From 17th – 20th January, I participated in a glorious gathering of international scholars, educators and creative practitioners who came together at the conference Black Portraiture[s]: The Black Body in the West for a critical opportunity to reflect, revisit and reframe. The conference premise was described as follows:

“Paris, an internationally key and highly influential Western space in all things concerning the arts and modernity, is the perfect stage for Black Portraiture[s]: The Black Body in the West, the fifth in the series of conferences organized by Harvard University and NYU since 2004. Black Portraiture[s] explores the ideas of the production and skill of self-representation, desire, and the exchange of the gaze from the 19th century to the present day in fashion, film, art, and the archives.

How are these images, both positive and negative, exposed to define, replicate, and transform the black body? Why and how does the black body become a purchasable global marketplace and what are its legacies? Also importantly, what are the responses and implications? How can performing blackness be liberatingforperformerandaudience? Cantheblackbodybede-racializedto emphasize cultural groupings encouraging appropriation and varied performers across racial lines?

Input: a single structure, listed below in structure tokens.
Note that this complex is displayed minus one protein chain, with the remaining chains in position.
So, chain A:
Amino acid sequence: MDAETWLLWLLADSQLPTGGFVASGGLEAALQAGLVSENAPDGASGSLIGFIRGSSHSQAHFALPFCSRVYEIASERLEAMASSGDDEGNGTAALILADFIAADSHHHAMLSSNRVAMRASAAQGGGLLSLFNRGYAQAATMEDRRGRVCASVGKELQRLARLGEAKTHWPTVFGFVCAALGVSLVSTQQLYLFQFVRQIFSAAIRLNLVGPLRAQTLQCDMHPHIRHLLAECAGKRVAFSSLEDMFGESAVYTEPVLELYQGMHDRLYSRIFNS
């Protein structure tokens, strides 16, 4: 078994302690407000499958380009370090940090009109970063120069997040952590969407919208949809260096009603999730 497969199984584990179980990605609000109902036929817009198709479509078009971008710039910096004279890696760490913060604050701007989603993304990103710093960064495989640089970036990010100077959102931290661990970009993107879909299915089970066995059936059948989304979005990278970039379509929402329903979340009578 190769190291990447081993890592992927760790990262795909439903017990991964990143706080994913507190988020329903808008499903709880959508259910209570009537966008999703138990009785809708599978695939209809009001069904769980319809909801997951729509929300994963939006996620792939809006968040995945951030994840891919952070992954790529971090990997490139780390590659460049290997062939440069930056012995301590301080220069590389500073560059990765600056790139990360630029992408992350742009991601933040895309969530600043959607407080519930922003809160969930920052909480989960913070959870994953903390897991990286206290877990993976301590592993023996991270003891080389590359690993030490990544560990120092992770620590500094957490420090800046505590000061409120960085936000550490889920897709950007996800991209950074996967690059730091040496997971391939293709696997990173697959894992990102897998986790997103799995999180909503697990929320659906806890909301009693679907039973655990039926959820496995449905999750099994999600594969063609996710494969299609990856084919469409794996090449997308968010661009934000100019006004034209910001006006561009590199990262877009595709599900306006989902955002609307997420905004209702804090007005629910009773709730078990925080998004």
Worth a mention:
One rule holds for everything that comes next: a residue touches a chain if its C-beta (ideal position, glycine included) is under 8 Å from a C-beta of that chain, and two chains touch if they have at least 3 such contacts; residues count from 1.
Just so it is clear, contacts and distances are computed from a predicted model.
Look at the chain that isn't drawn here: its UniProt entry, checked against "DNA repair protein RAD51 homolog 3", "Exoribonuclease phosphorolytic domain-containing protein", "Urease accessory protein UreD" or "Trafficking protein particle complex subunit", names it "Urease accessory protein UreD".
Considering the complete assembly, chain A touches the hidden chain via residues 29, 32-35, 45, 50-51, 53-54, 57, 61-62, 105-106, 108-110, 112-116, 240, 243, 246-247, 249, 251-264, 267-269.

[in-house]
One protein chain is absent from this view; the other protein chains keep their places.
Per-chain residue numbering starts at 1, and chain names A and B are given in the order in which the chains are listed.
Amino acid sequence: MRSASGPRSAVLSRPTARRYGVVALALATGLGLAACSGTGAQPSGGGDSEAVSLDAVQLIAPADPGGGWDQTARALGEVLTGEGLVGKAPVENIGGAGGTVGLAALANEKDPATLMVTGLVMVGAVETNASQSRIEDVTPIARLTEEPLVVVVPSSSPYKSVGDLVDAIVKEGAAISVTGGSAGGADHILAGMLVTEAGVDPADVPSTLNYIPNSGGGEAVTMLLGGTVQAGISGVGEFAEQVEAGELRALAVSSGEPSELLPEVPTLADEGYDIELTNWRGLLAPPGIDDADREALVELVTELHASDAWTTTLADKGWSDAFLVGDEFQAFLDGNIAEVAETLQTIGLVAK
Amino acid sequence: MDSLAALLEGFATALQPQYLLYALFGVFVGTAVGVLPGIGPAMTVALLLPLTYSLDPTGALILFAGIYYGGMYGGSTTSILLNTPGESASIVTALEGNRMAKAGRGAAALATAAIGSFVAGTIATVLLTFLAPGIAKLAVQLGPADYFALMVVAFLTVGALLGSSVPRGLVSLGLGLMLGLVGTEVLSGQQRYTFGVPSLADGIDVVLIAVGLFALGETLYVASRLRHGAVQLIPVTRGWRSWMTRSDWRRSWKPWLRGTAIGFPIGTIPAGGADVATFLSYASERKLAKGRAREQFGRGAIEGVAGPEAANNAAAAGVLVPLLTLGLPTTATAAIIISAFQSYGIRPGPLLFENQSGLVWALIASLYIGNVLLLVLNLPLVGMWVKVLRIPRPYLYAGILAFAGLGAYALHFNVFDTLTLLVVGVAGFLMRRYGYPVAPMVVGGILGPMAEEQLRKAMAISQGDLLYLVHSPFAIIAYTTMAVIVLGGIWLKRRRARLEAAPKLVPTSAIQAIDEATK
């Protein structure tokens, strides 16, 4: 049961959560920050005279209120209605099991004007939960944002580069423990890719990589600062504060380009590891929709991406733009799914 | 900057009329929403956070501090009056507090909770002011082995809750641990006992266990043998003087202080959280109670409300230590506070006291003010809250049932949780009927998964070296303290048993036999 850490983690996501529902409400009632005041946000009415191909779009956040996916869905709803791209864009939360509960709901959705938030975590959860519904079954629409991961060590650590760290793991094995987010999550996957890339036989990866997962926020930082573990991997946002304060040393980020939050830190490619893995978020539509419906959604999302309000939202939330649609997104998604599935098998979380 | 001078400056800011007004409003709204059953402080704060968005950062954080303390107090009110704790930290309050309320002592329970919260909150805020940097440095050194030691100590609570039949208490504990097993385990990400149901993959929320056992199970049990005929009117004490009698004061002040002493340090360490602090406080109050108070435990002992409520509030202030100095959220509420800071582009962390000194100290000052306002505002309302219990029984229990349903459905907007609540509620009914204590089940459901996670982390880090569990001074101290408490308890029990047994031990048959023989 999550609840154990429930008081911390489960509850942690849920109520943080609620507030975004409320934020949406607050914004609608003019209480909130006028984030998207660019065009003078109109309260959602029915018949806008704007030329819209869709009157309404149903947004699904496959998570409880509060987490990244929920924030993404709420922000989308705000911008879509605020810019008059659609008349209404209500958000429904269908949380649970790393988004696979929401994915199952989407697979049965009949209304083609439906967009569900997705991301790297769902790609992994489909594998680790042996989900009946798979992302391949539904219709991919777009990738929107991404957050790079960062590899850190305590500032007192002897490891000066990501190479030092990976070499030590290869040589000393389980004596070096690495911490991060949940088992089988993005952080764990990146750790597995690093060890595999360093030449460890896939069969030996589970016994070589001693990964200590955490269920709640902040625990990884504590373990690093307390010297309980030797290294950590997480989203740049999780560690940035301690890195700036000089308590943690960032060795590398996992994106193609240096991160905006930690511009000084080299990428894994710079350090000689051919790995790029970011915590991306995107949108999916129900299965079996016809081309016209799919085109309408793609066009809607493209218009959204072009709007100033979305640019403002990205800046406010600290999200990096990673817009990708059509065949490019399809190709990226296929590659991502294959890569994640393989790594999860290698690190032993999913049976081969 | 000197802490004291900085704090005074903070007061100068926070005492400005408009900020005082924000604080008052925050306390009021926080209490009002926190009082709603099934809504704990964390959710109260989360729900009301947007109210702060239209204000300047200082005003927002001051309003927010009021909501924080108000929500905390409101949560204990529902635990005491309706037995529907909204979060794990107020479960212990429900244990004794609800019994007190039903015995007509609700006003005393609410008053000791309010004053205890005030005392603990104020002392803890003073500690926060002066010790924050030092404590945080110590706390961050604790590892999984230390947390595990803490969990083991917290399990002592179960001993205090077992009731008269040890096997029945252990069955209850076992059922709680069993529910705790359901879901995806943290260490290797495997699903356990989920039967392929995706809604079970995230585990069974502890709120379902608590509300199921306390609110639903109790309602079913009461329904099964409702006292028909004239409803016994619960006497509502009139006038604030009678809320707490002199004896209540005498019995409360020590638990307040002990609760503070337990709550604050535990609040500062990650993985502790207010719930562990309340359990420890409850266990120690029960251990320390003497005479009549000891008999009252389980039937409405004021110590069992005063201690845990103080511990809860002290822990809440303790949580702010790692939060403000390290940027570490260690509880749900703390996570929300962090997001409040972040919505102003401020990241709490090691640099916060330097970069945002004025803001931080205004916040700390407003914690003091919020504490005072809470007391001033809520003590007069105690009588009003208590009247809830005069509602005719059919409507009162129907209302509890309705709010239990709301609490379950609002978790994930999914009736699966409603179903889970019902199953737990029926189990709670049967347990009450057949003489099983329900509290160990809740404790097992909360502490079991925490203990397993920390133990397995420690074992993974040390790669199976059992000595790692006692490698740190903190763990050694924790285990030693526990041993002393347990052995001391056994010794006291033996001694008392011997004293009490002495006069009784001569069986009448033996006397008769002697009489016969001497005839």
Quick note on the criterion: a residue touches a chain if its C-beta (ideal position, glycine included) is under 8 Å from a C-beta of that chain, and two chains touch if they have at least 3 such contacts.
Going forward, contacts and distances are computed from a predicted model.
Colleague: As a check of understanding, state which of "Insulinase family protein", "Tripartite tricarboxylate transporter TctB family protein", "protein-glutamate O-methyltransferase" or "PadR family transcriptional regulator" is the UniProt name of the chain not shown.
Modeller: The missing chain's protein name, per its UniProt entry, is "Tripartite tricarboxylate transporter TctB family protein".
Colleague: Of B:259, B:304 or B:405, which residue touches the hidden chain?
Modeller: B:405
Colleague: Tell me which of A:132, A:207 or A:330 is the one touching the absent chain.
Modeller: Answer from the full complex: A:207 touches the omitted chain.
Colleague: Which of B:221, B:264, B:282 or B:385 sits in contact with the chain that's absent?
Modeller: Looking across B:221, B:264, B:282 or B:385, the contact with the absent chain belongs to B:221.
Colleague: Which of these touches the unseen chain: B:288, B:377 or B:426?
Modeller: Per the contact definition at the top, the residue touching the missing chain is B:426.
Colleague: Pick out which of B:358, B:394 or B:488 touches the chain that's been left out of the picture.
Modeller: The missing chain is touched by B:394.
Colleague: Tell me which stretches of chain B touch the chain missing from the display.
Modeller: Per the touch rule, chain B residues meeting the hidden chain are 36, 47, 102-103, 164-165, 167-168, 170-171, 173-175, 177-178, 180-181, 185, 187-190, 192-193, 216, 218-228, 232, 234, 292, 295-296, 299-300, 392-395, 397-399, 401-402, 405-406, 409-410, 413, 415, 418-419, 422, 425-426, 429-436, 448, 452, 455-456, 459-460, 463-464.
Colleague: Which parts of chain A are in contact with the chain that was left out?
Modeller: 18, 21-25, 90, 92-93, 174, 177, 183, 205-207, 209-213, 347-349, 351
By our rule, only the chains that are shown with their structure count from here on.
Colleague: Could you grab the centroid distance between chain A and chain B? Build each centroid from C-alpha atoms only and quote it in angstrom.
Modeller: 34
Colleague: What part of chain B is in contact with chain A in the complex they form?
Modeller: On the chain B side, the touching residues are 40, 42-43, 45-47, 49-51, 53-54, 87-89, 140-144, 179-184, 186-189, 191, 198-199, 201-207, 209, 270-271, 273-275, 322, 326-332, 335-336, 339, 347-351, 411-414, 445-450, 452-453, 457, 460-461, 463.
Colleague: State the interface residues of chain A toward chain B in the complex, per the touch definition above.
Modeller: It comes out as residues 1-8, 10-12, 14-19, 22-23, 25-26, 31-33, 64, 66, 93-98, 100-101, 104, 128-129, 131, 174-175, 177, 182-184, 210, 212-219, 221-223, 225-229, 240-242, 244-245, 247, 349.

How the black body has been imagined in the West has always been a rich site for global examination and contestation. The representation and depiction of black peoples often has been governed by prevailing attitudes about race and sexuality. The conference draws on the ideas and works of leading and emerging writers, photographers, scholars, artists, curators and filmmakers of our time and includes a broader discussion of Africa in the popular imagination. It is also significant that this project revolves around collaboration.”

The full programme can be DOWNLOADED HERE.

I spoke on Saturday 19th at the Musée du Quai Branly on a panel entitled: “Intricate Intersections: Black apparitions in imperial Europe”. Here I gave a short presentation exploring the role and presence of Black characters in Georgian caricature.
You can LISTEN HERE to the whole panel discussion, which includes my presentation, on this dedicated page on the Museum website. (Scroll down to the 1st session under the heading: Écouter les interventions du colloque – Cinéma”